Home' Nova National : NOVA JULY 12 Contents if there are children involved, the
complicating factors go up another
So how to best deal with the situation?
First of all, don't waste time and energy
comparing yourself with your predecessor.
A Fine Balance
12 © NOVA JULY 2012
Coping with an ex-wife or partner
is a tricky business. You almost
can't win no matter what you
do because you are the dreaded
replacement. If your husband has stayed
on good terms with her and especially
You are totally different women even if
the same guy chose to marry you. Being
jealous of what he had with his previous
wife is like wanting to stay 21 forever. The
past is the past and if he wanted to still be
married to his first wife, presumably that's
where he'd be.
If she chooses to be jealous of you,
you can't control that but don't give it
more recognition than it deserves. Be
very pleasant in all your dealings with her
whether you care for her or not. Don't
put your husband in the middle of the
two of you as that path leads to nothing
but conflict and pain. Just be who you are
and accept that this man has chosen to
be with you in the present.
If you find yourself suddenly cast as
the wicked stepmother, play the role
your own way. There are no fixed rules
for this one, I'm afraid but there are
guidelines -- never criticise their mother
to the children, refuse to participate in
comparison games and, whatever you do,
don't try to buy their love with presents
and outings. Yes, they'll love the gifts
but not you -- kids have an uncanny knack
for spotting a bribe! Do things your own
way so that if your stepchildren do come
to like you, it'll really be you they like
and not a pale imitation of their mother.
Be friendly but draw clear and firm
boundaries; set rules that are fair and few;
don't play the heavy parent. You cannot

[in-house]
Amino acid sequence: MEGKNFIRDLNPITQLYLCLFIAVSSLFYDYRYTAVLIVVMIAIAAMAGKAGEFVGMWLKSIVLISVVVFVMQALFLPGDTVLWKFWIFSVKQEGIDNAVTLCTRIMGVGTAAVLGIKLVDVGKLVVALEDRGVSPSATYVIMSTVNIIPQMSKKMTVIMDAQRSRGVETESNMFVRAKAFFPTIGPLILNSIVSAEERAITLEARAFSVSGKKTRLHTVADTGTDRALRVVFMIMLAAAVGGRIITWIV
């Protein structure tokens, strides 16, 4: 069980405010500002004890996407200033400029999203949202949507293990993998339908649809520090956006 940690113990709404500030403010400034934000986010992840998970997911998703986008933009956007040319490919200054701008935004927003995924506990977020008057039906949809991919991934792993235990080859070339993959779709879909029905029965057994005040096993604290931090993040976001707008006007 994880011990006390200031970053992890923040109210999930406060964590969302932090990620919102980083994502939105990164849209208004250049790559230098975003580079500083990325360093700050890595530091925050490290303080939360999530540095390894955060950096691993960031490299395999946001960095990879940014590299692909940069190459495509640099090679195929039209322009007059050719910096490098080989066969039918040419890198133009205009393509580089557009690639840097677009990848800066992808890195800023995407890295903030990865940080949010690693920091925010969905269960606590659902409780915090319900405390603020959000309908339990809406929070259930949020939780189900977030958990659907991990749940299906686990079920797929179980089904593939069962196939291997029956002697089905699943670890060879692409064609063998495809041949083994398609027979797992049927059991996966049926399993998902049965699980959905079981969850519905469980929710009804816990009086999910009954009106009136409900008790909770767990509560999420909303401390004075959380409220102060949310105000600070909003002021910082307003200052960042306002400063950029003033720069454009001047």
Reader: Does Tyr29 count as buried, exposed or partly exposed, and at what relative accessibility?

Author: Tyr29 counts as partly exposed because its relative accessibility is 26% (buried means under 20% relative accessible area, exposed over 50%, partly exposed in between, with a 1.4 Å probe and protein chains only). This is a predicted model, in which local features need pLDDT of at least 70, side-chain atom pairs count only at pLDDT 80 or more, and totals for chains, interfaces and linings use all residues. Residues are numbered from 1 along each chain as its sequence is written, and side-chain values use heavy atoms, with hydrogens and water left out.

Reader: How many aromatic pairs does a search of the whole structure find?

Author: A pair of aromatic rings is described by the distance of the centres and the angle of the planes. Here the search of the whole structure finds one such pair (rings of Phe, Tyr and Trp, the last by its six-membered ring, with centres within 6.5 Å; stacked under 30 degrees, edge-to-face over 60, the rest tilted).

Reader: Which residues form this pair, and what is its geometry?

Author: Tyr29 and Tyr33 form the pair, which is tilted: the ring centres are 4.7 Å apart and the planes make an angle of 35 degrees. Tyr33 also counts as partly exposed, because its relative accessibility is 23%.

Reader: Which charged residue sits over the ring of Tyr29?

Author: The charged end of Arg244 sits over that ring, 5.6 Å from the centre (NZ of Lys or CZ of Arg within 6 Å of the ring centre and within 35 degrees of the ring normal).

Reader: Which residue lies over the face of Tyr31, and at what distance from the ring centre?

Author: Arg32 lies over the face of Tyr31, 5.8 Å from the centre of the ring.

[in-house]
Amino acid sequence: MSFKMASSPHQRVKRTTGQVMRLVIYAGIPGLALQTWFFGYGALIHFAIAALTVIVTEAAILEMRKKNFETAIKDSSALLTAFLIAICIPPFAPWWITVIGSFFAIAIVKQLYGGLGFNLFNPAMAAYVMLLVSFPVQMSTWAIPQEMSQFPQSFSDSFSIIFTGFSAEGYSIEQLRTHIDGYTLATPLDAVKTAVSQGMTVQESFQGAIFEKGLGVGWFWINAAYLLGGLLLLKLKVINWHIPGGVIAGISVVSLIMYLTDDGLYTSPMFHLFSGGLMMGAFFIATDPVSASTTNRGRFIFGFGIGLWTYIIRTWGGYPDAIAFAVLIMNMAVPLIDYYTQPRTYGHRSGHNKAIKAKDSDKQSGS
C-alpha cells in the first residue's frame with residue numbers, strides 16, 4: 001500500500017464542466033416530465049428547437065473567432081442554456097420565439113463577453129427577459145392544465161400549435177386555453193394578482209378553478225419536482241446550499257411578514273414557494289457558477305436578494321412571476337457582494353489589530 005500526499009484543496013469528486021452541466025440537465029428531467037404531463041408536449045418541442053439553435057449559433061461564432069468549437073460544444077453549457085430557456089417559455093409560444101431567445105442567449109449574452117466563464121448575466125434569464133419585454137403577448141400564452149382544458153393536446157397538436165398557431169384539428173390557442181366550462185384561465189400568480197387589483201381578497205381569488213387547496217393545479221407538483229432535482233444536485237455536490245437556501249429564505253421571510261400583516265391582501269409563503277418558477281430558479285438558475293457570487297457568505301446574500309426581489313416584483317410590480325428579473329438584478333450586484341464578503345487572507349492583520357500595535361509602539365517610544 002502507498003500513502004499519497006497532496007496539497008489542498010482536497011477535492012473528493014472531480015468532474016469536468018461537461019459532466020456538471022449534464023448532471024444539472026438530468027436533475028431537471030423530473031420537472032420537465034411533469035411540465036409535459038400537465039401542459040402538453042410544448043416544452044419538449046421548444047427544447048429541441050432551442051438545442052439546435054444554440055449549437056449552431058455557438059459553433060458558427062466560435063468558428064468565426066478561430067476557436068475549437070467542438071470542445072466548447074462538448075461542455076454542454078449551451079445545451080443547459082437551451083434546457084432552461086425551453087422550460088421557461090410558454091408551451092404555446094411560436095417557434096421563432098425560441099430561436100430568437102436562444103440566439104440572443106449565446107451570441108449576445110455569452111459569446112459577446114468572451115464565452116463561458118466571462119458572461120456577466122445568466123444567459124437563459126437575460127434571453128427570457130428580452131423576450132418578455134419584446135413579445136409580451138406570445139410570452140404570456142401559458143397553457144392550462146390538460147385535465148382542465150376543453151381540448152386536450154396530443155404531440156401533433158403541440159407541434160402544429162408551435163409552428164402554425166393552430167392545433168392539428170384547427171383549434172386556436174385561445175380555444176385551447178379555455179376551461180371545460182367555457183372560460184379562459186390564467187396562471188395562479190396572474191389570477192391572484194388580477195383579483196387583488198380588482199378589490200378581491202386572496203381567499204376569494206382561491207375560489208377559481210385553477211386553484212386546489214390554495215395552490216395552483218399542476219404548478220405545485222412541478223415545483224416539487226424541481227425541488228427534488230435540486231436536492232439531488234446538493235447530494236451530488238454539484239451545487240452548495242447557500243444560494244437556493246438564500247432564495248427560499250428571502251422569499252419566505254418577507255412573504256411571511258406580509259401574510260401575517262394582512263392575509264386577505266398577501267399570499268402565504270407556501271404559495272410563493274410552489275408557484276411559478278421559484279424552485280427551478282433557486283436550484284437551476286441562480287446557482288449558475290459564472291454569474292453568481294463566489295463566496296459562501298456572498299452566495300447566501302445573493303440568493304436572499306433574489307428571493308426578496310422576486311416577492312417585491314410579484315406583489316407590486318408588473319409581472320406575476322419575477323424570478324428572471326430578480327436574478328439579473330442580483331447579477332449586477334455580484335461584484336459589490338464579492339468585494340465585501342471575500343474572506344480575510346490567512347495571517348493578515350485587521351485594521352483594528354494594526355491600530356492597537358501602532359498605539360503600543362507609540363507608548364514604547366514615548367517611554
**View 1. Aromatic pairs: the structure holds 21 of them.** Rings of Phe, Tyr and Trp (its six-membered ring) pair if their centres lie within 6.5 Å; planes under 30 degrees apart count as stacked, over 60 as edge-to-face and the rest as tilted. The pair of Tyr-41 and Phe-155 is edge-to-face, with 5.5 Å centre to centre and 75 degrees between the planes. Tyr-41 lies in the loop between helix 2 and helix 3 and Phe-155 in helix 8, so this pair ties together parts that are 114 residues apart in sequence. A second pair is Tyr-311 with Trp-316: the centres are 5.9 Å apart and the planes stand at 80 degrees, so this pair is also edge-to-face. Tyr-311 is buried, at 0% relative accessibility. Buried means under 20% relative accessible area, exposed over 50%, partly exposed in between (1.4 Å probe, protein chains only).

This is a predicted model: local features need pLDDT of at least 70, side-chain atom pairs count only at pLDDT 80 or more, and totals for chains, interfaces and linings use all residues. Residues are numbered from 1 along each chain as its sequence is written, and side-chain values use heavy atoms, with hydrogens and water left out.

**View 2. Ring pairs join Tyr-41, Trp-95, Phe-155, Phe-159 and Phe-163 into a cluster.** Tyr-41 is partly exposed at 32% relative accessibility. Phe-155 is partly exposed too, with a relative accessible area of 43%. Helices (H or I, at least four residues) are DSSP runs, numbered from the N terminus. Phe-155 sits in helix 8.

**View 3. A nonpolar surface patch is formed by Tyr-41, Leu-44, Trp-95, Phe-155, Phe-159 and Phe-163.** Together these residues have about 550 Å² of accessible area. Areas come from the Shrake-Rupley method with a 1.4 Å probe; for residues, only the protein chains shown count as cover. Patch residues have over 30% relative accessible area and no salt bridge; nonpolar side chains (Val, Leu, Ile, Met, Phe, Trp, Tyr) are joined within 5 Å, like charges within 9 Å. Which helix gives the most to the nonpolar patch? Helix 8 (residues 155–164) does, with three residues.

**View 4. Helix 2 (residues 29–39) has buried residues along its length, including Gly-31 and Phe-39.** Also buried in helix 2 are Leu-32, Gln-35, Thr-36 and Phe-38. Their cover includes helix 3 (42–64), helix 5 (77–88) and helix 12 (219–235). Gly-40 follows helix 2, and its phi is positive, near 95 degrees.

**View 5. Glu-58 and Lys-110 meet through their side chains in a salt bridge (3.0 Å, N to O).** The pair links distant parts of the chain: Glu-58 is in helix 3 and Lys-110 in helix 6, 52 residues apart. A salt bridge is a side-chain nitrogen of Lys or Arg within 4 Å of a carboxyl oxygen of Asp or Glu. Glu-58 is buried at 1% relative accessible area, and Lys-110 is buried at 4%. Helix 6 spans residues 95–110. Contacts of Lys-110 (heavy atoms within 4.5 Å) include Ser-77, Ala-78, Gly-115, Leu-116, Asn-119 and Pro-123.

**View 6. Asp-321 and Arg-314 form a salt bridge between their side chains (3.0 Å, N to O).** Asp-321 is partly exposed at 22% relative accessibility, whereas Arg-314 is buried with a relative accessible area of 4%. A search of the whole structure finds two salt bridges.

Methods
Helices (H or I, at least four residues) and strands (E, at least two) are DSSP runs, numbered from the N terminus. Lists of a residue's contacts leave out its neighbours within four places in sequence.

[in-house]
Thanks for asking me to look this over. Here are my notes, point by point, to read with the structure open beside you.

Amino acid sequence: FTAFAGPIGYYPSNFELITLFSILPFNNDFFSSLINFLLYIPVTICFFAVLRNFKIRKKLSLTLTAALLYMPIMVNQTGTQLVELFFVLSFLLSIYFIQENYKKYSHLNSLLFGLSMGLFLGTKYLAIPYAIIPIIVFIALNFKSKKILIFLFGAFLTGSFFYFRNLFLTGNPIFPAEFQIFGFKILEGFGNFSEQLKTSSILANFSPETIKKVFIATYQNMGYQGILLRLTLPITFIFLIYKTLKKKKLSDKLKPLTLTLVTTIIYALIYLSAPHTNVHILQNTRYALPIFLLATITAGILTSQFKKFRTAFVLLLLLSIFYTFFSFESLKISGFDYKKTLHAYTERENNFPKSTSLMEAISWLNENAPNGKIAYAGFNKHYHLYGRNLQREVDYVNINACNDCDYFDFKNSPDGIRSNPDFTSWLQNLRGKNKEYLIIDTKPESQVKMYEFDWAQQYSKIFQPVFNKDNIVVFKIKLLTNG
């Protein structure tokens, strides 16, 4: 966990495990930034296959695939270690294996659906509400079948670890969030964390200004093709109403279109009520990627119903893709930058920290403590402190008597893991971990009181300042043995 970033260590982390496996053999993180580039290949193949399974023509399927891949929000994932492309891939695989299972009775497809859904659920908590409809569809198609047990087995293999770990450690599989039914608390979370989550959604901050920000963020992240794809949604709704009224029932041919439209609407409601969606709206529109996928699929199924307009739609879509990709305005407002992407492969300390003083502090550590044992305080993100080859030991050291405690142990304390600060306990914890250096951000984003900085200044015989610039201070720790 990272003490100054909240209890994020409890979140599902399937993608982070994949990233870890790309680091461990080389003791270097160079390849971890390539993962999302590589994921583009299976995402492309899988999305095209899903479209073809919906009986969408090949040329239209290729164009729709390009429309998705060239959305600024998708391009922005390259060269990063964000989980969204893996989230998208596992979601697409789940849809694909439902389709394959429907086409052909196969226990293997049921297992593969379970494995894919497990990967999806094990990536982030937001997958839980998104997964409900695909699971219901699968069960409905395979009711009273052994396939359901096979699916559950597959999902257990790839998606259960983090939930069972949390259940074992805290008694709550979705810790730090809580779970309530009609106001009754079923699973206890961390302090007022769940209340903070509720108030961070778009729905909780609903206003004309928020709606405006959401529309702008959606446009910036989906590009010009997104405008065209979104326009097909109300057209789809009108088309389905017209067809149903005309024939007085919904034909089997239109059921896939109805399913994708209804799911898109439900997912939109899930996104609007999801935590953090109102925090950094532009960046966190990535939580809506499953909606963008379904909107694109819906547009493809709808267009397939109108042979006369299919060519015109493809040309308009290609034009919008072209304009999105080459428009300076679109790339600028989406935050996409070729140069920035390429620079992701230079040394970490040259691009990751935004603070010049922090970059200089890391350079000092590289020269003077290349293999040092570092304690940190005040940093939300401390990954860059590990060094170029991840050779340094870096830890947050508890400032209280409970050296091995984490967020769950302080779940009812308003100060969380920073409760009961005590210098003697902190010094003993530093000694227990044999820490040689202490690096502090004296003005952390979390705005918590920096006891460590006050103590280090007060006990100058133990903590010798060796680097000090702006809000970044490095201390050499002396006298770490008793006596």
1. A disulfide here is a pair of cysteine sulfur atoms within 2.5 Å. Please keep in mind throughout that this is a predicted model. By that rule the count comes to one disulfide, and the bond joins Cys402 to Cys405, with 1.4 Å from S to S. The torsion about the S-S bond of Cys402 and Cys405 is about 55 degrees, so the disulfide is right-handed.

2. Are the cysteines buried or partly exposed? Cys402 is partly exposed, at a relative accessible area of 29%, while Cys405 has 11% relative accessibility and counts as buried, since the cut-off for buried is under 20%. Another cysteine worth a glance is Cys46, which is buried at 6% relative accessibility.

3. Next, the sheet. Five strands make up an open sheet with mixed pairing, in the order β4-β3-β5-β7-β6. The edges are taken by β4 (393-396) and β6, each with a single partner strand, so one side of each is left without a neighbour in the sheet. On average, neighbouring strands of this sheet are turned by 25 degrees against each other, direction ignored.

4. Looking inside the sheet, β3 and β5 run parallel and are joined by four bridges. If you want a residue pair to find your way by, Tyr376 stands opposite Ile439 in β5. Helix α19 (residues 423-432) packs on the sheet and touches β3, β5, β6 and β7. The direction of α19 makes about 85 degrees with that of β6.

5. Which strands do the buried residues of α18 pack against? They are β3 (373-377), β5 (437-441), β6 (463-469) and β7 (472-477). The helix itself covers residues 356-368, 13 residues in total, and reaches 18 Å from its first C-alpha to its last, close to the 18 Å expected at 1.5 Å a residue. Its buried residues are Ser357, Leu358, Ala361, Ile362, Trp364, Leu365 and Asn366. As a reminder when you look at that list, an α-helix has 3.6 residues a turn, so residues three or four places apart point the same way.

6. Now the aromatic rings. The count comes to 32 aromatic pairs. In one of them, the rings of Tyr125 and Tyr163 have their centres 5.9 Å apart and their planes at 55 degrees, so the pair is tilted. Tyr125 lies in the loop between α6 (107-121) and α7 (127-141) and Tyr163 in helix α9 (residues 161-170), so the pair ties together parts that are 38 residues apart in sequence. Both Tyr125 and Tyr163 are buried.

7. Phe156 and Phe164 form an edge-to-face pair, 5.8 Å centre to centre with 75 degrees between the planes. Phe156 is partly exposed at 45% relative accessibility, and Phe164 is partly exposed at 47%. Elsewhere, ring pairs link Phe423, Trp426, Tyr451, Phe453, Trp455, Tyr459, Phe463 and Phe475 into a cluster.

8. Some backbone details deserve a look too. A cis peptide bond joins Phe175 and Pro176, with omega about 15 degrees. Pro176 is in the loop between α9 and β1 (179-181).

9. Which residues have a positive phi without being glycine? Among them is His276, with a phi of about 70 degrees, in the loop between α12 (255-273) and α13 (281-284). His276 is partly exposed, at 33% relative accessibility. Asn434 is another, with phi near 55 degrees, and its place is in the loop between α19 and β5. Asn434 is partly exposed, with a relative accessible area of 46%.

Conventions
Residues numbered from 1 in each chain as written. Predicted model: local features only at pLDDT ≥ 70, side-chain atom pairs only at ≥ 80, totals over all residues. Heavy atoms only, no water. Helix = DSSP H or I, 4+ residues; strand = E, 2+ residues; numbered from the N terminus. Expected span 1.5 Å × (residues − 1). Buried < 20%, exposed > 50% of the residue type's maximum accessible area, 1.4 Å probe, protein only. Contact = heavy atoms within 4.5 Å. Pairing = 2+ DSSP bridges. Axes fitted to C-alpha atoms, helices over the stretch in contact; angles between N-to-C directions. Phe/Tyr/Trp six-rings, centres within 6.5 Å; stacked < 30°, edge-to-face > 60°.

ask them to like you but you can demand
respect that they accept your way of
Stepparenting is known to be one of
the most difficult of all human roles.
The first and immediate obstacle is
the resistance and resentment of the
children, whatever their ages. If they're
very young, especially toddlers or pre-
schoolers, the acceptance level is higher.
The new parent is assimilated quite easily
as long as he or she is kind. But with older
children, the stepparent faces an uphill
battle, no matter the effort expended.
This is often the hardest part with
children resenting even the new parent's
niceness, seeing it as merely a ploy to win
Teenagers understandably are the
worst. They resent the loss of the original
parent, whether through divorce or
death, and the intrusion of the new one.
Many, many blended families fail over
time, simply because of the degree of
If both partners have children, the
level of difficulty goes up several more
Blended families operate on a delicate
balance and every member is an import-
ant component in the dance. For harmony
to prevail, a great deal of tolerance and
compromise is needed. It's virtually like
two instant families under one roof.
The secret here is to ensure that two
opposing camps do not develop, there's
no favoritism or preferential treament for
any individual and all rights, needs and
feelings are respected.
The 'dos and don'ts' of
being the second wife,
with relationships counsellor
Dr Charmaine Saunders.
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